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What are the consequences of being in contempt of the visitation order?

Trenton, NJ |

My ex is breaking the court order for the third time now. She knows what was discussed in court but now refuses to follow it. First time I was in court, she only got a slap on a wrist and was told not to do it again. The second time we were both at fault, so it was dropped and the order was changed. Now that it was changed she is reading into the order how she wants it, regardless of the fact that everything was explained to her in detail. I'm suppose to be seeing my child every Wednesday and every other weekend with her dropping the child off in the beginning of the visit and me bringing the child back. But because she refuses to follow the order, I only get to see my child every other weekend with me doing all the driving. Can this be resolved without going to court?

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Attorney answers 5


First, have it well documented so there's as little "grey area" as possible. Get a police incident report - at this point, I wouldn't say you want to press criminal charges (Look it up - NJSA 2C:29-9, contempt of court order, and NJSA 2V:13-4, Interference with Custody or Parenting Time); you don't want to appear more aggressive than is necessary (and it looks better with the police if all you're trying to do is document the incident... if it continues, they'll agree a summons is appropriate).

Anyway, return it to court via a motion - try to keep the anger level down, although you should express your frustration. I would ask for a modification requiring that each of you pick up the child. That way, she'll either drive and do the pick up or else.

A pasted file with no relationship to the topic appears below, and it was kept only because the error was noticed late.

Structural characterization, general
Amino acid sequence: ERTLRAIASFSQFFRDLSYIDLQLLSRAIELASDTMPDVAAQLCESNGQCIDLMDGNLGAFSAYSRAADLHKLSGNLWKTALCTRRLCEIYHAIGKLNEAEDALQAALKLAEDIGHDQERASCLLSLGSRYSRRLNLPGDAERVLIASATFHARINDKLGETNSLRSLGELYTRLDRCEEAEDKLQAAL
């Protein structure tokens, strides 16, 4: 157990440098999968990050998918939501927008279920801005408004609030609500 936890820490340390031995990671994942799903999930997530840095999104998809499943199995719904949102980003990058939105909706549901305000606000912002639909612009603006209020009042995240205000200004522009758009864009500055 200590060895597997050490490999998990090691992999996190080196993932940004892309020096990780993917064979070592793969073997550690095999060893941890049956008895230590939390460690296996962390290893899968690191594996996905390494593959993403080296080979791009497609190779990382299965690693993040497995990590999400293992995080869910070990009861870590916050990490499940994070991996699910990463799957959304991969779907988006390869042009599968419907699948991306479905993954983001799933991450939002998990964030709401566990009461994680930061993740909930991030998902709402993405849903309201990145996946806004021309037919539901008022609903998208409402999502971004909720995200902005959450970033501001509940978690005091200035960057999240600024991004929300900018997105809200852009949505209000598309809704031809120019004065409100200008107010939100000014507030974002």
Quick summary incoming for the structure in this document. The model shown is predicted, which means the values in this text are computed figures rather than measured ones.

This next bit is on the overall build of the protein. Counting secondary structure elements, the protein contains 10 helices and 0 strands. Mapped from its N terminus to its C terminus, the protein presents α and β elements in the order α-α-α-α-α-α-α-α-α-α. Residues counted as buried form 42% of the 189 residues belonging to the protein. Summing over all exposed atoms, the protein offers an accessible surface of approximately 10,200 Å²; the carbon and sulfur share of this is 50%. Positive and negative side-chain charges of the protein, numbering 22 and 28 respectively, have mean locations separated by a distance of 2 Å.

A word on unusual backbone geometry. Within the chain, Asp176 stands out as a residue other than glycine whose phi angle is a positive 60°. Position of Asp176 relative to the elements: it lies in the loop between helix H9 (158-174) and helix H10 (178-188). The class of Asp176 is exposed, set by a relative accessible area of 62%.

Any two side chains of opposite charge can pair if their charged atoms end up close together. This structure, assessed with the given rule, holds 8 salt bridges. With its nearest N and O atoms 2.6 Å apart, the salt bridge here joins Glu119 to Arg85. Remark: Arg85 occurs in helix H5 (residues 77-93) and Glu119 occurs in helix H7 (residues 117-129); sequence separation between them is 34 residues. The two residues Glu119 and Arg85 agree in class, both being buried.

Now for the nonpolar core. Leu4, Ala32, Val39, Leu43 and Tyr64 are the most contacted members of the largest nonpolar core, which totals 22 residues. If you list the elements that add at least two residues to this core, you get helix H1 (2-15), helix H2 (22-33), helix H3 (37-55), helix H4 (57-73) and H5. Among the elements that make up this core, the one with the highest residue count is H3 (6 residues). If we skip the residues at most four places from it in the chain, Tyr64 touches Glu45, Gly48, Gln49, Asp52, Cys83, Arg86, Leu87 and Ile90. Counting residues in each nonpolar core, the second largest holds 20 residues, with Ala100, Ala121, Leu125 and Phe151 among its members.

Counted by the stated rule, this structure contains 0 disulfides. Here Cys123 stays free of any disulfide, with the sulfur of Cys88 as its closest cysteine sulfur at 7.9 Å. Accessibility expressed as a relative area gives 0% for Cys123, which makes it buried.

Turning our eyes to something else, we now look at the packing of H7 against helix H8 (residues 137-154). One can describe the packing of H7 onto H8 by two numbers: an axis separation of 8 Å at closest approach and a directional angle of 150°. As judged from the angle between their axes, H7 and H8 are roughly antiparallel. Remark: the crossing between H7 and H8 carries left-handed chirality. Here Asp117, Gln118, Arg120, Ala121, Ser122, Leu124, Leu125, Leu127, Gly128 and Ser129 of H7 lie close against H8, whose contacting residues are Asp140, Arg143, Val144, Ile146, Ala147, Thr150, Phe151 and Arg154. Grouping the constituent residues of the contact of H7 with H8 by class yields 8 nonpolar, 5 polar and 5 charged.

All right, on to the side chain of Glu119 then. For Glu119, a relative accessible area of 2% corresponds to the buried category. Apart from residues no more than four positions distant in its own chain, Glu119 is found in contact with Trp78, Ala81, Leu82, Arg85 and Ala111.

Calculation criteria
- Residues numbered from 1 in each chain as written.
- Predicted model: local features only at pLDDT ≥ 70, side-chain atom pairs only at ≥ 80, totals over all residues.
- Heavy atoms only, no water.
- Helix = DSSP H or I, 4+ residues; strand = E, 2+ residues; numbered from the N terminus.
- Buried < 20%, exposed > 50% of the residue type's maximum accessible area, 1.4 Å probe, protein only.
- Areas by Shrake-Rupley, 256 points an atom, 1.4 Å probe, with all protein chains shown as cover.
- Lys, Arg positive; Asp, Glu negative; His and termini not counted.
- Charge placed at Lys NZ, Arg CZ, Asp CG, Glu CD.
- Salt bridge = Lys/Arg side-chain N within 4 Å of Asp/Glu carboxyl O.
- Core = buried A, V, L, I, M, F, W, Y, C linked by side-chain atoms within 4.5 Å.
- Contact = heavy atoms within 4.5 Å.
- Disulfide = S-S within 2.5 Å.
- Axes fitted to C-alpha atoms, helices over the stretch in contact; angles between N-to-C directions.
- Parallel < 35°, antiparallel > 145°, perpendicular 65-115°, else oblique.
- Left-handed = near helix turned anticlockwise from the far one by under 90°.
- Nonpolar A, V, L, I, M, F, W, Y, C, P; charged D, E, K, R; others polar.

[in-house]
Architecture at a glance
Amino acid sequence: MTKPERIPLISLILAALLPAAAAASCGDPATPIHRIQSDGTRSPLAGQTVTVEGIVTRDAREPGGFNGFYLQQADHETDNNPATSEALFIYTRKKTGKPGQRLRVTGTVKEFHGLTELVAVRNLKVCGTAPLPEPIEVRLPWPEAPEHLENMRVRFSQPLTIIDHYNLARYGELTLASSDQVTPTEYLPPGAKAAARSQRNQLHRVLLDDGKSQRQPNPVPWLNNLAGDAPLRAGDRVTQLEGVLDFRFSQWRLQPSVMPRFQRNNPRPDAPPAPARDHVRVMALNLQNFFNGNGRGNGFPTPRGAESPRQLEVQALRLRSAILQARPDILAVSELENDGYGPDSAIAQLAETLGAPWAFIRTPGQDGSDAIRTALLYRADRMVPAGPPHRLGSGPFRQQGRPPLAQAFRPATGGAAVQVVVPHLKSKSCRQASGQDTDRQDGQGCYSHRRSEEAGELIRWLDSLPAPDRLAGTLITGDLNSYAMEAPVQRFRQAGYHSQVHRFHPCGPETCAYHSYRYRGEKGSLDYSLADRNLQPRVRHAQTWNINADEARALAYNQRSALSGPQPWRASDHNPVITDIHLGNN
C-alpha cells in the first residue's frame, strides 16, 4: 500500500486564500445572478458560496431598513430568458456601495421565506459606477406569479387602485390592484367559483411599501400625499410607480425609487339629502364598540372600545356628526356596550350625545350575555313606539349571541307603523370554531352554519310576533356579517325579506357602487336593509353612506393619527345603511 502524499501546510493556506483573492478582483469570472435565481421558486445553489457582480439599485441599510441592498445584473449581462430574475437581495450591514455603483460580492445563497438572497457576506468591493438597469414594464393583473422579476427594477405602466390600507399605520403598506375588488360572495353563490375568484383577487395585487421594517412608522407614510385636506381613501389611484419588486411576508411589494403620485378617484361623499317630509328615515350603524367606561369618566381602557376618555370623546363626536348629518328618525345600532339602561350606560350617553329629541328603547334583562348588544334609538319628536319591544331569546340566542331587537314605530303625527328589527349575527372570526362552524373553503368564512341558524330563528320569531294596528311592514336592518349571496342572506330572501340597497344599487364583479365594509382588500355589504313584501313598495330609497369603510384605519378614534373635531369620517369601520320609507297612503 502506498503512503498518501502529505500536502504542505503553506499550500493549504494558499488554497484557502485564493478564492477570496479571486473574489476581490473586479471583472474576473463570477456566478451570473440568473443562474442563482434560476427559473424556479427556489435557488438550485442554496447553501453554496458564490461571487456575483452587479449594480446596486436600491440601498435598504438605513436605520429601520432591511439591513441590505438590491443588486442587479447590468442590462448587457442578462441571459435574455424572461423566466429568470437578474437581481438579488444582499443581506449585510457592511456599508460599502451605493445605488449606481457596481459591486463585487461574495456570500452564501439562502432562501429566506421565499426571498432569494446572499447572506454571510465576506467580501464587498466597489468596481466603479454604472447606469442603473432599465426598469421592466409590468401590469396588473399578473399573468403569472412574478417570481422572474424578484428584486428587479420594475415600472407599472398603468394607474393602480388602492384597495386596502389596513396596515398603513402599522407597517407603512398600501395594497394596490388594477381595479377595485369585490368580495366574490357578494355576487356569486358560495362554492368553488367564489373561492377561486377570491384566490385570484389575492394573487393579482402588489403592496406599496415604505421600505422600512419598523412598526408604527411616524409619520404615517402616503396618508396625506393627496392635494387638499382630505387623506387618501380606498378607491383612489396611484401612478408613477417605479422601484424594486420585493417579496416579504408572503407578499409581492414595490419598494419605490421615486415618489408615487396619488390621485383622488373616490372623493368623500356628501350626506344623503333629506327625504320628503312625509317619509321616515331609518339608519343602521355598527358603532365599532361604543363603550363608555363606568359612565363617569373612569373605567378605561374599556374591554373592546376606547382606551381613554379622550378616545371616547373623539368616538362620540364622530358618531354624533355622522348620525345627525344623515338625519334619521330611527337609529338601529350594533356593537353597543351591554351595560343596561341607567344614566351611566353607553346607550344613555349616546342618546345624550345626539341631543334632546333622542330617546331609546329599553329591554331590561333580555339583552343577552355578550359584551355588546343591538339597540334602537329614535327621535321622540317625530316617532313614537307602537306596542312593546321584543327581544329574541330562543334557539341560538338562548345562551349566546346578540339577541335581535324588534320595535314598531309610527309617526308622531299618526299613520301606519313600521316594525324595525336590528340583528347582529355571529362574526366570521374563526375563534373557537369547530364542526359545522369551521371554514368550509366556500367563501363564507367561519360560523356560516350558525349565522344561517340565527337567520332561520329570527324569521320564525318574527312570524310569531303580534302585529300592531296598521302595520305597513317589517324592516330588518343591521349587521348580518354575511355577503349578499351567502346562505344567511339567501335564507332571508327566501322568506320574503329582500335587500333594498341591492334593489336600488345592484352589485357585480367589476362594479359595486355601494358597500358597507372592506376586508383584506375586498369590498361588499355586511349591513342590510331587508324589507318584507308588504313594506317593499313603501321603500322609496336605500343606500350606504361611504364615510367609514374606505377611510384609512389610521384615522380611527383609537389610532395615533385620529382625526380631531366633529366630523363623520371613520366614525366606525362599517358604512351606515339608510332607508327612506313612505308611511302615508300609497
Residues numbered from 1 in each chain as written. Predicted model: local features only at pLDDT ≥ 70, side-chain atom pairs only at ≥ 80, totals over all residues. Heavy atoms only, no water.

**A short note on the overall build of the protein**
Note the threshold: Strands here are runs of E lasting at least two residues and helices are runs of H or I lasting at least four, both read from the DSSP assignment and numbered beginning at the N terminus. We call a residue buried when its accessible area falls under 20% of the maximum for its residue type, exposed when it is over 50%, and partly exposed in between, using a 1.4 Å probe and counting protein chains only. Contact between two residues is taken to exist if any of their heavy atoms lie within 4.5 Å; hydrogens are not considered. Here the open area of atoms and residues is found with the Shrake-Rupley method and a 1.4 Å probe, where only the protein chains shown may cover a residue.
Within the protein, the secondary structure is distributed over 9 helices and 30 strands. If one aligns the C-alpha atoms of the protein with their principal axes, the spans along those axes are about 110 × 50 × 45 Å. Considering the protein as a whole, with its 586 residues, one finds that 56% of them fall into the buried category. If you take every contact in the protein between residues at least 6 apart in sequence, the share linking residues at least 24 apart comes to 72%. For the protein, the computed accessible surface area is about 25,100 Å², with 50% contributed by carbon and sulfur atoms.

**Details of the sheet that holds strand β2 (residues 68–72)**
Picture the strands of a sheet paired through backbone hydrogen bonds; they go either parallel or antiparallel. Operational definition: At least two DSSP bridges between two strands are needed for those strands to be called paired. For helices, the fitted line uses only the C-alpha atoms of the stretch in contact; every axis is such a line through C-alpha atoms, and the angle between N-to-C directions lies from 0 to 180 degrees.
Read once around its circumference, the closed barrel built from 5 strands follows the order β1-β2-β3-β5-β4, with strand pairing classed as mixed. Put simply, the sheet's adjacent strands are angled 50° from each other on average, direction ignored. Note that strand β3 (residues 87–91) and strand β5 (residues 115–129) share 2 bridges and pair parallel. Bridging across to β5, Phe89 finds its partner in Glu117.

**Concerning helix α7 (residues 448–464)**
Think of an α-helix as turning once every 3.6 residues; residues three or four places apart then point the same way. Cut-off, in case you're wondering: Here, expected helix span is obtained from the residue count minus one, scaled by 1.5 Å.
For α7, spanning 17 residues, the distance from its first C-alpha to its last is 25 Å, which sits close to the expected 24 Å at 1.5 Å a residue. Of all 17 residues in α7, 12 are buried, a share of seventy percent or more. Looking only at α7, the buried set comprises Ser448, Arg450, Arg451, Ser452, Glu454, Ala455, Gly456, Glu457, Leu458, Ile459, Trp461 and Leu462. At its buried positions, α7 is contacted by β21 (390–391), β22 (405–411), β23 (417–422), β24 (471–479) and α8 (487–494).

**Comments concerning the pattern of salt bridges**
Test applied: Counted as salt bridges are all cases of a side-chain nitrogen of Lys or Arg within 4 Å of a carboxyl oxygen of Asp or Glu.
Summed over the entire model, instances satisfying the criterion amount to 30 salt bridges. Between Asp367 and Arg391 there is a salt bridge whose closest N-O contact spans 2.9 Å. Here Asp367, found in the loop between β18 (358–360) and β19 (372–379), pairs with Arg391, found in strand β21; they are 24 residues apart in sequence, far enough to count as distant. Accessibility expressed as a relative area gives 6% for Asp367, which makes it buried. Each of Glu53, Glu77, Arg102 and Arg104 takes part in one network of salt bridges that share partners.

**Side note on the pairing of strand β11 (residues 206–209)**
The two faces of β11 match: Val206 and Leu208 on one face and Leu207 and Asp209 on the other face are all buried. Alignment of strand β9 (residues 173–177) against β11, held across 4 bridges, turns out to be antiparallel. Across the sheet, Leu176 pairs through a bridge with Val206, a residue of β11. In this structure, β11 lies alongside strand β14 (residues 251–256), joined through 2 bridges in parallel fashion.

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You have a few options to resolve this outside of filing a new motion with the court.

If you and your ex are able to agree upon the terms of the order you wish to change, you can draw up a consent order and submit that to the court. The court will enter the order and it will be signed by the judge to become a new enforceable court order.

If you think you could reach an agreement with a little help from a neutral third party and have no history of domestic violence (no active restraining orders), you can reach out to the court to schedule court provided mediation. Custody and parenting time mediation is provided by the court at no cost. If you reach an agreement in mediation, the mediator will prepare a memorandum of understanding.

Lastly, you have the option of filing a new motion with the court to address the relief you seek, which may require your participation in mediation depending upon the contents of your motion.

This response is not to be construed as legal advice and is provided for educational purposes only. This response does not create an attorney/ client relationship. The response provides general legal information and education. This response does not address any specifics concerning this inquiry, as the inquiry as written may have omitted details which would make the reply unsuitable. The inquirer is strongly encouraged to consult with an attorney in his or her own state to acquire more information about this issue. Licensed to practice in New Jersey and Pennsylvania.


Only a judge can hold a party in contempt. Just about any family law issue can be resolved out of court it's just a matter of how it can be done.

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I am afraid that a person such as you describe needs to be corrected by the judge once and for all.


You may wish to try mediation but that may not work. You may have to utilize the authority of the courts by filing a motion to enforce litigant's rights.

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